If she's 40, she was born in 1969.
In 1969, every cigarette pack coming off the assembly line had the following warning:
Caution: Cigarette Smoking May be Hazardous to Your HealthIf she started smoking at age 16 - 1985 - the warning on those cigarette packs had been modified to read:
SURGEON GENERAL'S WARNING: Quitting Smoking Now Greatly Reduces Serious Risks to Your Health.Every pack. Sold anywhere in the United States. From 1985 on.
SURGEON GENERAL'S WARNING: Smoking By Pregnant Women May Result in Fetal Injury, Premature Birth, And Low Birth Weight.
SURGEON GENERAL'S WARNING: Smoking Causes Lung Cancer, Heart Disease, Emphysema, And May Complicate Pregnancy.
SURGEON GENERAL'S WARNING: Cigarette Smoke Contains Carbon Monoxide. (source)
With that fully understood, what is she really telling us here?
A smoking case of collusionEvery pack of Marlboro Lights that she purchased (over a period of years?) had the above warning(s) on it. Every one.
By Luanne Traud
My brand of choice was Marlboro Lights. They weren't as strong as regular Marlboros. I knew this because they didn't stink as much, they didn't burn my throat as badly and the taste was milder. Employing the logic of an addict, I could then reason they were healthier -- wait, that's not correct, I knew even then that there is no such thing as safe smoke. They were, I rationalized, less unhealthy. Maybe it would take longer for disease and death to find me.Phillip Morris encouraged me to think this way. [link]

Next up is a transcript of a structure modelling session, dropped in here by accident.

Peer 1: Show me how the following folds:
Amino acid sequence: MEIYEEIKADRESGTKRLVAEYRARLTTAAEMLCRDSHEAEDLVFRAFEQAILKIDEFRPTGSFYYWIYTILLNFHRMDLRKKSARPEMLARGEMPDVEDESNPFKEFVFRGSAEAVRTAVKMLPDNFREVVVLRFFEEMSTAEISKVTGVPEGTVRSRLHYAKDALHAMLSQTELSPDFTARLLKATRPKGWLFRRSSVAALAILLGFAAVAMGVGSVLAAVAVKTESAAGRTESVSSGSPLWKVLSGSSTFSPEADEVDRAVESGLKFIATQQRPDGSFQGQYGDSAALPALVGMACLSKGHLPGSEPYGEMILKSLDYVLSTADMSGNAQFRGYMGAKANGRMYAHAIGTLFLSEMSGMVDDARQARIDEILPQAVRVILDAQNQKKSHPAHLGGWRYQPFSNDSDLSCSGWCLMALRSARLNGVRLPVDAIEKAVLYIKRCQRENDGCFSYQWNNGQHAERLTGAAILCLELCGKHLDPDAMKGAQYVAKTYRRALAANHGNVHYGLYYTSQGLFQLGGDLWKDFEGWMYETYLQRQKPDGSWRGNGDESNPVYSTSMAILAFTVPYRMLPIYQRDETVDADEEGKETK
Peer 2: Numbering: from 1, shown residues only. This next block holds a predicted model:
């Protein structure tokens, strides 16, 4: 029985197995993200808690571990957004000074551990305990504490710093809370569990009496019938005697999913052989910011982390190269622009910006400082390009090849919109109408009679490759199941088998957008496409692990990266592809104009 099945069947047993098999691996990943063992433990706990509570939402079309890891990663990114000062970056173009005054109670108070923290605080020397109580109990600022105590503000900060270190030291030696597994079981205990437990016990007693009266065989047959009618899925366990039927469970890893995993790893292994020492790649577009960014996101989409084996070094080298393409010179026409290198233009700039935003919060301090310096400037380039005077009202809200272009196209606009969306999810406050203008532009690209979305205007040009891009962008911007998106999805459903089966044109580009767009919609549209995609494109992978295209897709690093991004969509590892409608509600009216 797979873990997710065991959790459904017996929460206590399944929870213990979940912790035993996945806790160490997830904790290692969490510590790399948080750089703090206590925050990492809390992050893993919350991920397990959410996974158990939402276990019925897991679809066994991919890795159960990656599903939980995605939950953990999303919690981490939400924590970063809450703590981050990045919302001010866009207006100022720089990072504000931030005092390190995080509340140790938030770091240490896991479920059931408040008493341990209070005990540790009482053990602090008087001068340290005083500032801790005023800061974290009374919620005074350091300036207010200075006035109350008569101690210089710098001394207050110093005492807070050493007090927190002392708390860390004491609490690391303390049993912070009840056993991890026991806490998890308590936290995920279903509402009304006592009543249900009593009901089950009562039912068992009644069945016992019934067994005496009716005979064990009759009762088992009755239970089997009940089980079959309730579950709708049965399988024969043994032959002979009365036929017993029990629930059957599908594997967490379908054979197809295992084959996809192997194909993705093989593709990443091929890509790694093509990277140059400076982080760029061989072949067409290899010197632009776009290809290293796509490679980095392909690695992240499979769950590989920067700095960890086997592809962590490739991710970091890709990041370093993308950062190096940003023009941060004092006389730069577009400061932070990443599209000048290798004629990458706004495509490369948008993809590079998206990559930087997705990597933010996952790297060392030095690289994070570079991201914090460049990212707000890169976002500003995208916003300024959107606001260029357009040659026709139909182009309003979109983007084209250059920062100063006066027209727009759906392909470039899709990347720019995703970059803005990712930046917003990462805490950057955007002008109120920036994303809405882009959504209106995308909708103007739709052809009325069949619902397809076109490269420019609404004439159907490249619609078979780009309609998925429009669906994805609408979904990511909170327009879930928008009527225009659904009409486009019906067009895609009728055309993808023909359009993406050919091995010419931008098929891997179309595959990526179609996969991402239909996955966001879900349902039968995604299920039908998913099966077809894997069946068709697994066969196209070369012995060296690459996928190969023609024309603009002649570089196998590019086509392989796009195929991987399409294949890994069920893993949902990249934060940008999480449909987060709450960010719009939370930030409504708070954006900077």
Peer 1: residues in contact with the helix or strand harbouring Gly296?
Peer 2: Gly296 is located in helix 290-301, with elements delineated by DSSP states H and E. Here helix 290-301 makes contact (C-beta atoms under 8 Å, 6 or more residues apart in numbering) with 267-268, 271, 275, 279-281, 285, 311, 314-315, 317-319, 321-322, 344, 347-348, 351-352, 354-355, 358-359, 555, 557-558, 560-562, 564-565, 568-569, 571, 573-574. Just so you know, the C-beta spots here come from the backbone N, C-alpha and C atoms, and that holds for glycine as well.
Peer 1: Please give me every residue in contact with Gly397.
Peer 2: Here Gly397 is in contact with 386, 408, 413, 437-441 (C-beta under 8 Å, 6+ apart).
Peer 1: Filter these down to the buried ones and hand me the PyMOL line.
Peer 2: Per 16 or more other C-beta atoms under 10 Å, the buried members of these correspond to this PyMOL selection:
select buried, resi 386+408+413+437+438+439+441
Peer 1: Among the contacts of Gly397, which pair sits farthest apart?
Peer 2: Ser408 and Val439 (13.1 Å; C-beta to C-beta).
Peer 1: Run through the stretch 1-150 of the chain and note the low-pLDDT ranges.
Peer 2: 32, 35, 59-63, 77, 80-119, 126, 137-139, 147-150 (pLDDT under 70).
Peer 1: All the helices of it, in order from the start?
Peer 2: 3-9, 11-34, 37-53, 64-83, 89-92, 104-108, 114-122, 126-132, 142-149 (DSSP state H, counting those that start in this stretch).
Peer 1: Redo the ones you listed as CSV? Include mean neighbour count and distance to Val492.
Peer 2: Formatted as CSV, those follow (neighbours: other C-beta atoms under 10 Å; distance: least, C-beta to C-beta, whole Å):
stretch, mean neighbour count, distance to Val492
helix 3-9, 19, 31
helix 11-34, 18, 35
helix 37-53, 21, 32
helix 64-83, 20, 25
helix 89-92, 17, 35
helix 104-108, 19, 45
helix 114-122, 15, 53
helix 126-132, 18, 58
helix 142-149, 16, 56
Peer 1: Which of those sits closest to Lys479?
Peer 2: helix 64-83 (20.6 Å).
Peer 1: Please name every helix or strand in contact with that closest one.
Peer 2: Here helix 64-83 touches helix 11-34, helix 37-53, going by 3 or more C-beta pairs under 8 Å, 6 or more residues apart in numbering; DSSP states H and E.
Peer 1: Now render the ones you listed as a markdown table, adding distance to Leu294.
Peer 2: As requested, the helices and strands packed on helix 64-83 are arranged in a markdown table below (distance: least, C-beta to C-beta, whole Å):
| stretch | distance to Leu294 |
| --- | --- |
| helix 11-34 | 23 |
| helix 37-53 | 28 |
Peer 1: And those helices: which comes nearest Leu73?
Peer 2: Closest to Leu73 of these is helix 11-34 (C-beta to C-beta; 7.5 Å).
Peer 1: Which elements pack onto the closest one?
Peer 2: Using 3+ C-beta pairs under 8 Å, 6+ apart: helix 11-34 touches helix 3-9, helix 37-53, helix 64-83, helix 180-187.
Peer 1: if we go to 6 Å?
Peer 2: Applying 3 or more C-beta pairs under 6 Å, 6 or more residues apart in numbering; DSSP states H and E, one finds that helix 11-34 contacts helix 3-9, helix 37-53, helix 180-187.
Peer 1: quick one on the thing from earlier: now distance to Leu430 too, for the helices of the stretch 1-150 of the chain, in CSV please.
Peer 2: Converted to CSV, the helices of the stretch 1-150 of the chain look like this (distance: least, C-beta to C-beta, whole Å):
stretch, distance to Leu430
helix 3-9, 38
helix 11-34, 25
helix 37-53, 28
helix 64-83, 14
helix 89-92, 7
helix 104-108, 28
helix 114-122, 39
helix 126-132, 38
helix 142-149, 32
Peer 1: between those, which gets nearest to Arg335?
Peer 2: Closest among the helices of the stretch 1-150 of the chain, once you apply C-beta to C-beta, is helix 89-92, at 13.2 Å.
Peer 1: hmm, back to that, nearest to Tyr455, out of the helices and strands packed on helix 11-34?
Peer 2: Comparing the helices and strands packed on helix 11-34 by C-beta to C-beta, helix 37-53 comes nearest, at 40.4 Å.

But Phillip Morris encouraged her to think otherwise. Despite the clearly delineated warnings on every pack that Phillip Morris handed her, warnings that told her in no uncertain terms that what she was about to shove in her mouth was bad for her, the company encouraged her to think something else.
I get easily annoyed at people who want to blame others for their foolish rationalizations and risky behavior. She wanted to smoke. She knew the dangers. Phillip Morris made them as clear as the company possibly could to her. And she chose to light up anyway.
And it is somehow Phillip Morris's fault.
The tobacco companies understand it well. The problem is they run a business in which they kill a great number of their customers, though not before taking thousands of their dollars. They have a product with no beneficial use. In order to stay in business, they need always to solicit and hook new customers. They'll always outsmart us.Yeah, those devious cigarette companies.
Every pack she bought:
Gimme a break.